Grab this Sizzling Hot Science Experiment-Find Out What Melts in the Sun-KIDS WILL LOVE THIS


What will melt in the sun?  Kids will love doing this easy Science Experiment. You can grab things you may already have in your classroom or household. Grab a muffin tray or any kind of tray will do. Set out items that you want to experiment with and place them in the muffin tins or tray. Place the items out on a sunny day. Have your students make predictions and record their findings. You can also make note of the time you set the items out in the sun and the time you checked on your items. 

It has been scorching HOT these past few days. This extreme HEAT inspired me to write this post as I try to stay cool with the air conditioning. We are in the midst of a five-day heat wave. It should start to get cooler as some thunderstorms will be rolling on in to give us some much-needed relief. 

Here is a picture of what I put out on my deck this afternoon. This is just to give you an idea of what items you may want to try. 

Here are a couple of recording sheets that you may want to use to go along with this experiment. You can grab this activity here.

Here are a few more recording sheets that you may want to use. Differentiate to meet the needs of your students. Have students draw what changes they observed. 

I developed this activity with the Next Generation Science Standards in mind.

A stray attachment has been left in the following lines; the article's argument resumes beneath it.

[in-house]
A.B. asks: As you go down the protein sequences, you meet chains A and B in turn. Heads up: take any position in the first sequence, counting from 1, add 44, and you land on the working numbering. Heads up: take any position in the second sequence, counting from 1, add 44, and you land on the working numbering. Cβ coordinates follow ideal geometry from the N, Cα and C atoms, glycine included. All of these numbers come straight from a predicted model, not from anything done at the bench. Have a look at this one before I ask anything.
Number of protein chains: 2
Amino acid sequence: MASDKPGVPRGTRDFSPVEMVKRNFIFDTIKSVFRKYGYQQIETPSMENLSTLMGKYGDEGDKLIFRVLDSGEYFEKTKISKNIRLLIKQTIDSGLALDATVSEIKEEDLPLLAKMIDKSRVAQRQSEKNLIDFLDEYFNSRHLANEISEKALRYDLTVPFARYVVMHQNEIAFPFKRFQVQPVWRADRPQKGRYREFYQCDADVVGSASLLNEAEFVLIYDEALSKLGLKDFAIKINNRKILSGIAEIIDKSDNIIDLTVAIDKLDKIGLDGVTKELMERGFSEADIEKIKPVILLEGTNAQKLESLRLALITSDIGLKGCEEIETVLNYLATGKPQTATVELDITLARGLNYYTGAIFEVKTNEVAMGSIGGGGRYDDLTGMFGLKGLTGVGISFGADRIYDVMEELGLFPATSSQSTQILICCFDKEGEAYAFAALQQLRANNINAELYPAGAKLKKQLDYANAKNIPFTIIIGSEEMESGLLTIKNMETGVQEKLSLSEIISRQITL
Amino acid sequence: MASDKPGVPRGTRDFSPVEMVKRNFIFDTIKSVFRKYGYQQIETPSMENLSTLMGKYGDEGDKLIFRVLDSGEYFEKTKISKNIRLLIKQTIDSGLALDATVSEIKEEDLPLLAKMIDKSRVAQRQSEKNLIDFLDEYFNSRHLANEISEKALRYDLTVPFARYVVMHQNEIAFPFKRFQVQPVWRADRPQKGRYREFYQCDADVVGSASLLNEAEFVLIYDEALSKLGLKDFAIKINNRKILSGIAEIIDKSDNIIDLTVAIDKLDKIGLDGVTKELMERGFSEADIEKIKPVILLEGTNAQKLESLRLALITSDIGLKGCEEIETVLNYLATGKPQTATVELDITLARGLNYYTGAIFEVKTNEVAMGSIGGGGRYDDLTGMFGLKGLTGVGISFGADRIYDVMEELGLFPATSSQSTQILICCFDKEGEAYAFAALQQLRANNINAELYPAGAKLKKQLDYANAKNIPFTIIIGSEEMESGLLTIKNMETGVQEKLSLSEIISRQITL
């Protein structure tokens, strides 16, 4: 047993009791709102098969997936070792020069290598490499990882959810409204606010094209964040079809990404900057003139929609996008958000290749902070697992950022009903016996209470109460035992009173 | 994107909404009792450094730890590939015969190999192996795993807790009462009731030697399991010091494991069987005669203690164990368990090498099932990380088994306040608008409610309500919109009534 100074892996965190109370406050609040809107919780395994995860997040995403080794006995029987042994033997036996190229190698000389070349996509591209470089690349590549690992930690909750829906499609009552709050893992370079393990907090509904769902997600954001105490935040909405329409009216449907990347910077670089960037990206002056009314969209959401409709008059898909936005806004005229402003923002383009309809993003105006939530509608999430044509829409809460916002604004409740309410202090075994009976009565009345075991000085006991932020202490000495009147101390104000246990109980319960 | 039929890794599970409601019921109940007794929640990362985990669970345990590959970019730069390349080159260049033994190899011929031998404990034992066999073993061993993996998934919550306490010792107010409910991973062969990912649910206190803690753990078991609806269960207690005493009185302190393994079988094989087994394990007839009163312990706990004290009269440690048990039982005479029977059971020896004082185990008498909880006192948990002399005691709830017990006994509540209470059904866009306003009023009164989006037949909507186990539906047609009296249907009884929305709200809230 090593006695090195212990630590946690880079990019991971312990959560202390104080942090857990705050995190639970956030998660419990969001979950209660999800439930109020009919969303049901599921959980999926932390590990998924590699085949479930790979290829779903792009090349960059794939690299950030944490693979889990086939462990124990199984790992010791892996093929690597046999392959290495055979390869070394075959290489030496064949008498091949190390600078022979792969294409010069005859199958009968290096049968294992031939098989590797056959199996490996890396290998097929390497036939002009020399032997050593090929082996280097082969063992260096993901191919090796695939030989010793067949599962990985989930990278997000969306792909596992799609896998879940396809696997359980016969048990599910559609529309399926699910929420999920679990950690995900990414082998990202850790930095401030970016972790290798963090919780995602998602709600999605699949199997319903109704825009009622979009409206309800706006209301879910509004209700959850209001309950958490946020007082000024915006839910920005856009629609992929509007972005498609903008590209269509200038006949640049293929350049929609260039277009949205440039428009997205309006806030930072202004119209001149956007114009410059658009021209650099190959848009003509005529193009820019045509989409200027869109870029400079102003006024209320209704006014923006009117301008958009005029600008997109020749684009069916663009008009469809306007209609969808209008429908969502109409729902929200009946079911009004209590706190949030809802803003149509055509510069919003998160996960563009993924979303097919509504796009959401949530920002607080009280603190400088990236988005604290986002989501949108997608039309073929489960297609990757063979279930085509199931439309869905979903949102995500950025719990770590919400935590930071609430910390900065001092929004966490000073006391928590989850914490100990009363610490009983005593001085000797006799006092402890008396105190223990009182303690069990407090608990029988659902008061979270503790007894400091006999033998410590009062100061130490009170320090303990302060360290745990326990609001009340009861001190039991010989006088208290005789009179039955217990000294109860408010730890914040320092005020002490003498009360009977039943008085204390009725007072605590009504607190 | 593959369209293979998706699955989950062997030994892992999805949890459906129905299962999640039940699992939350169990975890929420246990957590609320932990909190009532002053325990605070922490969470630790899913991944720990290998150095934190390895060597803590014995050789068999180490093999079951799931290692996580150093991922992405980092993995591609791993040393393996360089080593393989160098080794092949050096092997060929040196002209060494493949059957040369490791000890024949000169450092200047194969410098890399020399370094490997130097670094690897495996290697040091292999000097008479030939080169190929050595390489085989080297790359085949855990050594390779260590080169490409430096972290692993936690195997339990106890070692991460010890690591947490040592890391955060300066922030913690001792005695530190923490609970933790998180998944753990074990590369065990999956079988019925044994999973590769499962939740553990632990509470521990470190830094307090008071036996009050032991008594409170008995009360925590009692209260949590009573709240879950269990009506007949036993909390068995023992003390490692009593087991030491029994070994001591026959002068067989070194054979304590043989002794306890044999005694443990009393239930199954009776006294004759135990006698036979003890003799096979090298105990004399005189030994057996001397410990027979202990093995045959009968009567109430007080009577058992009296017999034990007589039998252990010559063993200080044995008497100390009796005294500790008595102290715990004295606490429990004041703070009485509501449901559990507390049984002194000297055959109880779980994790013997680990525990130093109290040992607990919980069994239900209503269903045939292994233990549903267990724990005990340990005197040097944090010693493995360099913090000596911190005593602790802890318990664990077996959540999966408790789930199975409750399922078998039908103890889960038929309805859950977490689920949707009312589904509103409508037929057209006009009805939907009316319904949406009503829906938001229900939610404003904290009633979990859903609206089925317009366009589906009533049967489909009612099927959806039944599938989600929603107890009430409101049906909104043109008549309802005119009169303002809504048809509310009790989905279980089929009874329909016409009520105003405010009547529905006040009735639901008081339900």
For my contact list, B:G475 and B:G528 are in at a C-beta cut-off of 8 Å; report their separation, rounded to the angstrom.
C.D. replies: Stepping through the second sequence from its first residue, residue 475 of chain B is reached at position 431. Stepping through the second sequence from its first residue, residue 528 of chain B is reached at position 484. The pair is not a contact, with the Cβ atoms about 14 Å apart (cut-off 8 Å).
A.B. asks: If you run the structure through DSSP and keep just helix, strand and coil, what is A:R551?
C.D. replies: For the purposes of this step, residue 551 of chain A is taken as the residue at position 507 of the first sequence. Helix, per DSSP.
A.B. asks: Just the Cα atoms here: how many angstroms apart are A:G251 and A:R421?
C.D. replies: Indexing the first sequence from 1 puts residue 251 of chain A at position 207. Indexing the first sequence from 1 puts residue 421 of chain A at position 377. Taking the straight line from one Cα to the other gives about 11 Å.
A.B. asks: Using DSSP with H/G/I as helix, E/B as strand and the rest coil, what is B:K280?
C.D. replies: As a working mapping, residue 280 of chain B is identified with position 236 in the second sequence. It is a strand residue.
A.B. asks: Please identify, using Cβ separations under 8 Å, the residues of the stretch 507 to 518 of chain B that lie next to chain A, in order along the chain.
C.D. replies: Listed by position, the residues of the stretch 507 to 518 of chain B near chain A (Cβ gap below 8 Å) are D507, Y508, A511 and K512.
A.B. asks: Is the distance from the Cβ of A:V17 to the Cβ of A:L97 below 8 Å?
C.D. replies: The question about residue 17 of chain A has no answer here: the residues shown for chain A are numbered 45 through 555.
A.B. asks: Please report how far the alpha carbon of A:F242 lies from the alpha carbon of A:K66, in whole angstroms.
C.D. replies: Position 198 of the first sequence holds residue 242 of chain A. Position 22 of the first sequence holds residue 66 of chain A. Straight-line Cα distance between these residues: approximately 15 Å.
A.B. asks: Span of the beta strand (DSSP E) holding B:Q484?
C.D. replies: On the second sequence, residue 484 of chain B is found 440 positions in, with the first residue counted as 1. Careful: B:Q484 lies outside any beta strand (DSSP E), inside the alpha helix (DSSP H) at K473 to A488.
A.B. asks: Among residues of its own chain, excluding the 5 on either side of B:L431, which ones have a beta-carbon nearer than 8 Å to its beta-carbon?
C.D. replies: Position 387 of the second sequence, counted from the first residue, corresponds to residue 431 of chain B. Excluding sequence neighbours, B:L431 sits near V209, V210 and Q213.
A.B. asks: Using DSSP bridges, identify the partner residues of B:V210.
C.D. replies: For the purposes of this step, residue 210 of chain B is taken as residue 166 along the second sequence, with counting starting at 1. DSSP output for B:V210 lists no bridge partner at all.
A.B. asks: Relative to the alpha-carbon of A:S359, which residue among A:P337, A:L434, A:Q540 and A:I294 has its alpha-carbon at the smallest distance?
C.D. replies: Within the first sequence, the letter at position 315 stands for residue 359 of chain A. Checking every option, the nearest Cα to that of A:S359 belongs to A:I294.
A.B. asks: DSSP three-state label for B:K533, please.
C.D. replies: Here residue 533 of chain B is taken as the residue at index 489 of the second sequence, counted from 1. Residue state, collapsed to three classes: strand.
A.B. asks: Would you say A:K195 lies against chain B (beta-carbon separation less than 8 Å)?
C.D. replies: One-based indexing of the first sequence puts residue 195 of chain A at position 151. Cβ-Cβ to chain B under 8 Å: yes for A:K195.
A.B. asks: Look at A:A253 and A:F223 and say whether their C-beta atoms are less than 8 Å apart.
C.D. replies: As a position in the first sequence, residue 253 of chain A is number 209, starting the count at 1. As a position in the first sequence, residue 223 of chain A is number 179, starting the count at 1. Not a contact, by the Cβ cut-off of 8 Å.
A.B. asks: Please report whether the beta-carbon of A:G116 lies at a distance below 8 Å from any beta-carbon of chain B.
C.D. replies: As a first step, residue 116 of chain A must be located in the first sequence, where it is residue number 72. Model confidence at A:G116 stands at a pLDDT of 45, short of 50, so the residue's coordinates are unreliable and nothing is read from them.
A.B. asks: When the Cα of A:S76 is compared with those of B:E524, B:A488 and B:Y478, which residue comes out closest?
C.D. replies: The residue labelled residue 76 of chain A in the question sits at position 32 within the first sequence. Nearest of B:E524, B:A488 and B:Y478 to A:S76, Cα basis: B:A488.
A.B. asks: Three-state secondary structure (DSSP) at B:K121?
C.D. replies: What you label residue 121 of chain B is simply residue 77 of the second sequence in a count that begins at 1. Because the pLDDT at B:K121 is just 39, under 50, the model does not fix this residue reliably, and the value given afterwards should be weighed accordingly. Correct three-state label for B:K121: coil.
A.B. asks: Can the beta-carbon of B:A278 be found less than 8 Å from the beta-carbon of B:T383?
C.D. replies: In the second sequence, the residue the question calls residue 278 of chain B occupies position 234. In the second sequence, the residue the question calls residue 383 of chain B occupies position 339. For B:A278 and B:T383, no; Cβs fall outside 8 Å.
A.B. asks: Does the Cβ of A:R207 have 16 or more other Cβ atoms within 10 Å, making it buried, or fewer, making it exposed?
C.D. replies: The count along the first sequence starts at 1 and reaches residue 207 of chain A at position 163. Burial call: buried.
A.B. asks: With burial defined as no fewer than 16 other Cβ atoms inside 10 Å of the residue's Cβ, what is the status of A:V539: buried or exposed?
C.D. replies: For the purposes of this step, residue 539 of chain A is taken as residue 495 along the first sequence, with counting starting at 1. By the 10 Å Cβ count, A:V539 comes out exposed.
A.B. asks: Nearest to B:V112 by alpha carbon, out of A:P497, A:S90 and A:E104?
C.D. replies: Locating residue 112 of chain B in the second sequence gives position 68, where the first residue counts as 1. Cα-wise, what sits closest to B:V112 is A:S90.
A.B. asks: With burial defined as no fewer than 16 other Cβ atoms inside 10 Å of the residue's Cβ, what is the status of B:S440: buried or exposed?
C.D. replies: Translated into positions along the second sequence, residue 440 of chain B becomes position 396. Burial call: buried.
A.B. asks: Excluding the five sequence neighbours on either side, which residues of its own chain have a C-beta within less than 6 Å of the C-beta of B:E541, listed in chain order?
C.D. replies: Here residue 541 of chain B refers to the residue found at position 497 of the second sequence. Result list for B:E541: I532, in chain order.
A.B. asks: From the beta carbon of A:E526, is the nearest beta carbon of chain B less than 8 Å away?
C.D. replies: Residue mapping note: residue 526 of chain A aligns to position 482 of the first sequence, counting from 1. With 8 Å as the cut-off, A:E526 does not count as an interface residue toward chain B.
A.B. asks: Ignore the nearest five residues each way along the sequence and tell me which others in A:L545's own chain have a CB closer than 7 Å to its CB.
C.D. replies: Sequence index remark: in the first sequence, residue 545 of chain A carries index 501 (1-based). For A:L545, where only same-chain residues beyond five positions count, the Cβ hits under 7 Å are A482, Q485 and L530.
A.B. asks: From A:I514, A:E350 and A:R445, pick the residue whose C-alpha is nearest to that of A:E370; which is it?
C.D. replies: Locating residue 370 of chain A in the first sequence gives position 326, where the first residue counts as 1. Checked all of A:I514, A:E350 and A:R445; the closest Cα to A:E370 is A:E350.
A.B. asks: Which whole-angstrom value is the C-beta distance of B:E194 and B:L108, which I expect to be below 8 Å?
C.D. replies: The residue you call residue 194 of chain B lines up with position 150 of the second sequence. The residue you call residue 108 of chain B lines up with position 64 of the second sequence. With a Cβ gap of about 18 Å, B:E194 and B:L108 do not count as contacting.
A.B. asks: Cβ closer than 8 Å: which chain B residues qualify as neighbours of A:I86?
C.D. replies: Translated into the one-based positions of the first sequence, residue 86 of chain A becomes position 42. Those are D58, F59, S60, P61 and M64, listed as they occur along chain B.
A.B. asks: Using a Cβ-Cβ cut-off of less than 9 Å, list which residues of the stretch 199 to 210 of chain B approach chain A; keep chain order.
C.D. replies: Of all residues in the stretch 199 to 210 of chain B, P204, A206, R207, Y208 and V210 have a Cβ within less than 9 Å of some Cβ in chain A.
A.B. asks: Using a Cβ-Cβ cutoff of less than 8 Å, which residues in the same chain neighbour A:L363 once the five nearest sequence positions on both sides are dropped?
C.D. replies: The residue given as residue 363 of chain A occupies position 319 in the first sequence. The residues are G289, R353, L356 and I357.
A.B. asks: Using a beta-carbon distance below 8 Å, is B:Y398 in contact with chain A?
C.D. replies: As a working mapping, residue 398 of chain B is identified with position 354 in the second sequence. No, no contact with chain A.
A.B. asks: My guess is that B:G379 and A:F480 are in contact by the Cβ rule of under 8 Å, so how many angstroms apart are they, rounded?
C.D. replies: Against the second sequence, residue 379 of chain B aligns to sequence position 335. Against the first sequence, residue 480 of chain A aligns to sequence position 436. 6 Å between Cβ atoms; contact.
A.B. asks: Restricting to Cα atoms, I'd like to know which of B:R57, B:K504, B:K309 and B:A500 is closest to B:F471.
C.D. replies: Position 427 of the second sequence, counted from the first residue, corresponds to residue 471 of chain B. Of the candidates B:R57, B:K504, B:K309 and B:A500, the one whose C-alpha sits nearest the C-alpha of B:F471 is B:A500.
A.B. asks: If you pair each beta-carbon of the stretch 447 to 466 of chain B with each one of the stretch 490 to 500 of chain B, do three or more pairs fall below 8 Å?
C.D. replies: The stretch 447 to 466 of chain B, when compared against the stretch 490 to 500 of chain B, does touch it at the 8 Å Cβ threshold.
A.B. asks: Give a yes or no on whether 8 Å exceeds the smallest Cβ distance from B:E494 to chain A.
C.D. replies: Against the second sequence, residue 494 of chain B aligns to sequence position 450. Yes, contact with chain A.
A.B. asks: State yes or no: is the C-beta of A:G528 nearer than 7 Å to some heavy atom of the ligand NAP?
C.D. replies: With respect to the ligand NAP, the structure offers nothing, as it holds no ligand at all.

Students who demonstrate understanding can:

K-PS3-1.Make observations to determine the effect of sunlight on Earth’s surface. [Clarification Statement: Examples of Earth’s surface could include sand, soil, rocks, and water.] [Assessment Boundary: Assessment of temperature is limited to relative measures such as warmer/cooler.]
K-PS3-2.Use tools and materials to design and build a structure that will reduce the warming effect of sunlight on an area.* [Clarification Statement: Examples of structures could include umbrellas, canopies, and tents that minimize the warming effect of the sun.]

Here is another great activity students can do to show off their creativity. You'll be quite surprised by the structures they create. I usually have my students work in small groups of four or five students to work on this project. We have a large variety of materials to choose from. They have a couple of days to think about it and work on it. They are allowed to bring in some materials from home if we do not have what they are looking for in the classroom. 

If you want to try this with your students, you can get this activity at my Teachers Pay Teachers Store. Click on the image to get this fun experiment. 

What Melts in the Sun?

Relax, Have some fun! Stay Cool! 

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